Thursday, November 08, 2012
Framing the novel is a story about a young woman (Natalia) and her grandfather, both doctors in the former Yugoslavia. Natalia is working on a project to vaccinate children in a remote village somewhere in the Balkans when she hears of her grandfather’s mysterious death. Compelled to investigate the circumstances surrounding his death, Natalia makes a journey, both physical and psychological, through everything she knows about her grandfather, including his tales of his youth during World War II, his young professional days in communist Yugoslavia, and his work during the beginning of the Bosnian war. These stories make up the heart of the novel and most of them share a border with fantasy. But this myth-making is central to Obreht’s Eastern European storytelling tradition; at one point (through the voice of one of her characters) she explains to us the role of myth in the history of the Balkans: “He learned, too, that when confounded by the extremes of life – whether good or bad – people would turn first to superstition to find meaning.” Grandfather’s myths include stories of a love affair between a tiger and a woman, a man who is half bear, and the exploits of the devil’s nephew, also known as “the deathless man.”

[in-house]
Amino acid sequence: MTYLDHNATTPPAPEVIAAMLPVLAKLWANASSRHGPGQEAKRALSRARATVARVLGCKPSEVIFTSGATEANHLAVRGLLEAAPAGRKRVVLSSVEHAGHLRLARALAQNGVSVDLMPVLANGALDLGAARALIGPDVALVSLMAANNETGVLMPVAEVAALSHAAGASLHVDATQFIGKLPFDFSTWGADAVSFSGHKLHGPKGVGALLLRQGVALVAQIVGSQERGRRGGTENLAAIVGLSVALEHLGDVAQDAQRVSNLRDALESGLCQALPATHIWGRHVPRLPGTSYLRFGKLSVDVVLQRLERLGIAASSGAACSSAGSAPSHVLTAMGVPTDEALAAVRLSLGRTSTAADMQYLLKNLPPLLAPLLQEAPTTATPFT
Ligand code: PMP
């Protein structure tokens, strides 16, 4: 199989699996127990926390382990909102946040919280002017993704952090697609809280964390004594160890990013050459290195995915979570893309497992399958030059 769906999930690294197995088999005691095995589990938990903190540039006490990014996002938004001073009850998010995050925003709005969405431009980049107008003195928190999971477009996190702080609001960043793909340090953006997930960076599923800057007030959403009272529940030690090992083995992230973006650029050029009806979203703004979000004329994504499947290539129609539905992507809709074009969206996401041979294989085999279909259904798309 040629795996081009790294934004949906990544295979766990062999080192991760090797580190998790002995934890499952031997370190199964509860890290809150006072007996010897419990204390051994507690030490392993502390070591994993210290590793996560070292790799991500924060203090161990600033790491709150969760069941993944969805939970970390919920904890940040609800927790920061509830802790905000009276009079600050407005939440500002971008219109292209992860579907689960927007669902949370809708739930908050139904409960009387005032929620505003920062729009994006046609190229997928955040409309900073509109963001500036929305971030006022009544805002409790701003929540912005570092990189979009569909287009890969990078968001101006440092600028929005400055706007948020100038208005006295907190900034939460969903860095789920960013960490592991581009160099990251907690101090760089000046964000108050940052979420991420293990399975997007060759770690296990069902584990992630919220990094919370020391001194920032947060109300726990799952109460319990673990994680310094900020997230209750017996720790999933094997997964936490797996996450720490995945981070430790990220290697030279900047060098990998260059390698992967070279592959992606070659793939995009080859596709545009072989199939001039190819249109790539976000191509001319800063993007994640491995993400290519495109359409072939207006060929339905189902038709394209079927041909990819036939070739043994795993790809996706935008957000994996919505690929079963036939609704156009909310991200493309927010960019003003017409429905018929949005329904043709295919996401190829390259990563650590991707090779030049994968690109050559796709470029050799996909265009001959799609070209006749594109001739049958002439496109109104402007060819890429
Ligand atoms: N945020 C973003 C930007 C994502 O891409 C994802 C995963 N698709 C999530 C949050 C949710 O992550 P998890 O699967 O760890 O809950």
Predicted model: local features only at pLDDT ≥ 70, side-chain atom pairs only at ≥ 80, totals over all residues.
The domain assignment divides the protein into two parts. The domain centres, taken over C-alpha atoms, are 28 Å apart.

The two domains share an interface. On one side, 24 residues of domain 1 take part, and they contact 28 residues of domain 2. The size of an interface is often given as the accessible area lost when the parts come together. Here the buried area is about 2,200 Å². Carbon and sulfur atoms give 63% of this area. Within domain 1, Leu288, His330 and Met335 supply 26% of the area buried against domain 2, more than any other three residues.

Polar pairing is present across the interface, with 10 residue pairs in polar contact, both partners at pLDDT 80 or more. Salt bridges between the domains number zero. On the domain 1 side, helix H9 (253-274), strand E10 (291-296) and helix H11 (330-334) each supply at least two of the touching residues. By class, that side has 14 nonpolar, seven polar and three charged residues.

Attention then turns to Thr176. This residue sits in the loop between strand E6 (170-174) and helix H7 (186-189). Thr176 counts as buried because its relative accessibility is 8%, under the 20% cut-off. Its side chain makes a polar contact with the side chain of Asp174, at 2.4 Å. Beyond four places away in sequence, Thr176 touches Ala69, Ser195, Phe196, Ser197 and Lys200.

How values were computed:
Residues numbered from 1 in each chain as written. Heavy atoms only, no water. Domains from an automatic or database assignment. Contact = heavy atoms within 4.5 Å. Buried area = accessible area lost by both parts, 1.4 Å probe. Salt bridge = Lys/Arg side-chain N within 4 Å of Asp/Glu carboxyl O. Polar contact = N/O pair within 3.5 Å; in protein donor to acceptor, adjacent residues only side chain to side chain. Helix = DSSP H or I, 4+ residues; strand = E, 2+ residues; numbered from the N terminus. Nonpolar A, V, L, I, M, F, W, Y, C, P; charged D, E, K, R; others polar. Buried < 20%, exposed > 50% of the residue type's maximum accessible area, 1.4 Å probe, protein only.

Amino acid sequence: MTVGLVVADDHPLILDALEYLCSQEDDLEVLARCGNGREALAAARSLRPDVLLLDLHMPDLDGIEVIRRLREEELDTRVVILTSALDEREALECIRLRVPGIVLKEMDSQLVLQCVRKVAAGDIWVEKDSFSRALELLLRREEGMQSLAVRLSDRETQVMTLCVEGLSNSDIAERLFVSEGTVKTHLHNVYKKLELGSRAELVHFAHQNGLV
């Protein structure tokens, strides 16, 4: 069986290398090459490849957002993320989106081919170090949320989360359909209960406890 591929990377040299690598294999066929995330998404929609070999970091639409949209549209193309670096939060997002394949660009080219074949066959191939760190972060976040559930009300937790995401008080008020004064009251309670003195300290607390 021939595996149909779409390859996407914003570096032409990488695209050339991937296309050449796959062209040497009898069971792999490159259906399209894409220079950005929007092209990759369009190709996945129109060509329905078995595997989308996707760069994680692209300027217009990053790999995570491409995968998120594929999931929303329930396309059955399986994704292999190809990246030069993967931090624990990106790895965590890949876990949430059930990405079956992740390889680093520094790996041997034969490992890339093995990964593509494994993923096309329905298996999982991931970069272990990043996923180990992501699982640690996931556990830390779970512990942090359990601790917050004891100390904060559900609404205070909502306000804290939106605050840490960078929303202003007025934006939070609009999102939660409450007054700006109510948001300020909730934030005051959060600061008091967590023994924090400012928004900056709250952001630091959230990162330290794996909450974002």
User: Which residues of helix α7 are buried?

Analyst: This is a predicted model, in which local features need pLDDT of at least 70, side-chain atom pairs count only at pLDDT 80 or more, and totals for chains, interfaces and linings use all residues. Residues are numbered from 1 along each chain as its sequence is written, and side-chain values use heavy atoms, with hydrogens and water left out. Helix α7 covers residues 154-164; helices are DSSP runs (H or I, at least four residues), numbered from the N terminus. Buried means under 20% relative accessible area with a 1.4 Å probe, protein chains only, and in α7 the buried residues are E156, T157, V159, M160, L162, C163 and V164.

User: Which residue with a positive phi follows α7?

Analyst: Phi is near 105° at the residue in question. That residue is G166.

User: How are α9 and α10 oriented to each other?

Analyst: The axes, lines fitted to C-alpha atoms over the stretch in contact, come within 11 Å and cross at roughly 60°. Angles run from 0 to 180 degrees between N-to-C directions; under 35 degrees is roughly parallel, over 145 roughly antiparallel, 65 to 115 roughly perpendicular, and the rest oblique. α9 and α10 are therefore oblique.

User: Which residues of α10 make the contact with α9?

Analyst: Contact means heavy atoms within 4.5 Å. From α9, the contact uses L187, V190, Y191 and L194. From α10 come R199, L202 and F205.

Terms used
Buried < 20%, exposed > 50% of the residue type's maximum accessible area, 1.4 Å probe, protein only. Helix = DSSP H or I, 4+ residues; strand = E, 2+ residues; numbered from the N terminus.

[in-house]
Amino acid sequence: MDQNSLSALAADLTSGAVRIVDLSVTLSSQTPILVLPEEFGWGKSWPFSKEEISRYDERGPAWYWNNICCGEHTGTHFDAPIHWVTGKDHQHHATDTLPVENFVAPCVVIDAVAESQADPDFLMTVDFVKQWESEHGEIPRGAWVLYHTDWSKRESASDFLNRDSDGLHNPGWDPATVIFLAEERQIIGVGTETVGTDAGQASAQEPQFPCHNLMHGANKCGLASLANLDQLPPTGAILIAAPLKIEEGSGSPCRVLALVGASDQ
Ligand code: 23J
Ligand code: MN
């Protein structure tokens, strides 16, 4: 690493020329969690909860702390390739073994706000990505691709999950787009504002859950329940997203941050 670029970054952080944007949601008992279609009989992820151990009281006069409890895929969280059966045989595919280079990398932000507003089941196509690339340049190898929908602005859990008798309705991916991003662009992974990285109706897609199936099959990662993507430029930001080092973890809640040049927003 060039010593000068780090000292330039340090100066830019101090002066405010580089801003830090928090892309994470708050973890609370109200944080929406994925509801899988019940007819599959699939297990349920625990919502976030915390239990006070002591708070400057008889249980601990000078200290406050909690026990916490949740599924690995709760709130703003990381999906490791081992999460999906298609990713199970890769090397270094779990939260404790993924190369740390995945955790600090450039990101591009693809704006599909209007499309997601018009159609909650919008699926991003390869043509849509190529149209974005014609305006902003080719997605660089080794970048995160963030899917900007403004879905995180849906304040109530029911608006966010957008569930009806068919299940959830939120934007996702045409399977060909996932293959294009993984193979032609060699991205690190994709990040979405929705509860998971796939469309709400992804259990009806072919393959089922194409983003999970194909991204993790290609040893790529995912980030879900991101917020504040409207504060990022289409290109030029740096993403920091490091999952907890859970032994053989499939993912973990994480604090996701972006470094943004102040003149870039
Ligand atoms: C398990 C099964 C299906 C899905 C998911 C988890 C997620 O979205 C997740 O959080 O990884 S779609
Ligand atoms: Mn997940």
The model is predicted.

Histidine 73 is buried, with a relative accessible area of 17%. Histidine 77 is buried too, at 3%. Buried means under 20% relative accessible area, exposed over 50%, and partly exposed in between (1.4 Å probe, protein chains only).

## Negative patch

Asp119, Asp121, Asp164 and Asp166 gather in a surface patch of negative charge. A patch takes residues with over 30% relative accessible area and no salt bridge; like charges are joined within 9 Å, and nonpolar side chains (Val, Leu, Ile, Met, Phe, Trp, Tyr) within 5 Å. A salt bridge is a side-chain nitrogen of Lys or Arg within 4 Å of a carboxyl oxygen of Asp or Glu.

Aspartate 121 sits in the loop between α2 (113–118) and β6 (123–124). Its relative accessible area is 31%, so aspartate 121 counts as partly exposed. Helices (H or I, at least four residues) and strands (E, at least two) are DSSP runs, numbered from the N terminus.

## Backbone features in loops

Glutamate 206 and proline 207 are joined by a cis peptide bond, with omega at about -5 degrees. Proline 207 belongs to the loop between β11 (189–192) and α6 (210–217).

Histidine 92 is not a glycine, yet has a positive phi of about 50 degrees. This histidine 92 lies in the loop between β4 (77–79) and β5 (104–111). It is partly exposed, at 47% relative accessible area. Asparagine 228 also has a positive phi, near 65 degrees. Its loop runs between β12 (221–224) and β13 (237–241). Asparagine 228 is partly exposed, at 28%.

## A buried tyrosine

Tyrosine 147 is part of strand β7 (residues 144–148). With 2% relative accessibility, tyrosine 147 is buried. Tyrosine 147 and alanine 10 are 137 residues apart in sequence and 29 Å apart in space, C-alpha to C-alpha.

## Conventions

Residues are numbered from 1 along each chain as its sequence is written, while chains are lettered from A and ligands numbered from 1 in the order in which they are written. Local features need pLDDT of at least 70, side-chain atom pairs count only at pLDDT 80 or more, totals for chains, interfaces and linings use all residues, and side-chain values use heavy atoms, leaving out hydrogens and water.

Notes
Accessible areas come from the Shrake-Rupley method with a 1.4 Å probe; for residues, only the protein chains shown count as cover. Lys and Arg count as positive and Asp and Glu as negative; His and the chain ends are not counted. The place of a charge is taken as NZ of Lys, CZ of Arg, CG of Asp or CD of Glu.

In the hands of a less skilled writer, this book could be a muddle. Or, as sometimes happens, the internal stories could be more fully realized than the framing ones -- I’m thinking now of People of the Book, by Geraldine Brooks, which suffered from this effect. But Obreht is better than that. Both Natalia’s story and those told by her grandfather are equally compelling. I loved all of it.
(Book 29, 2012)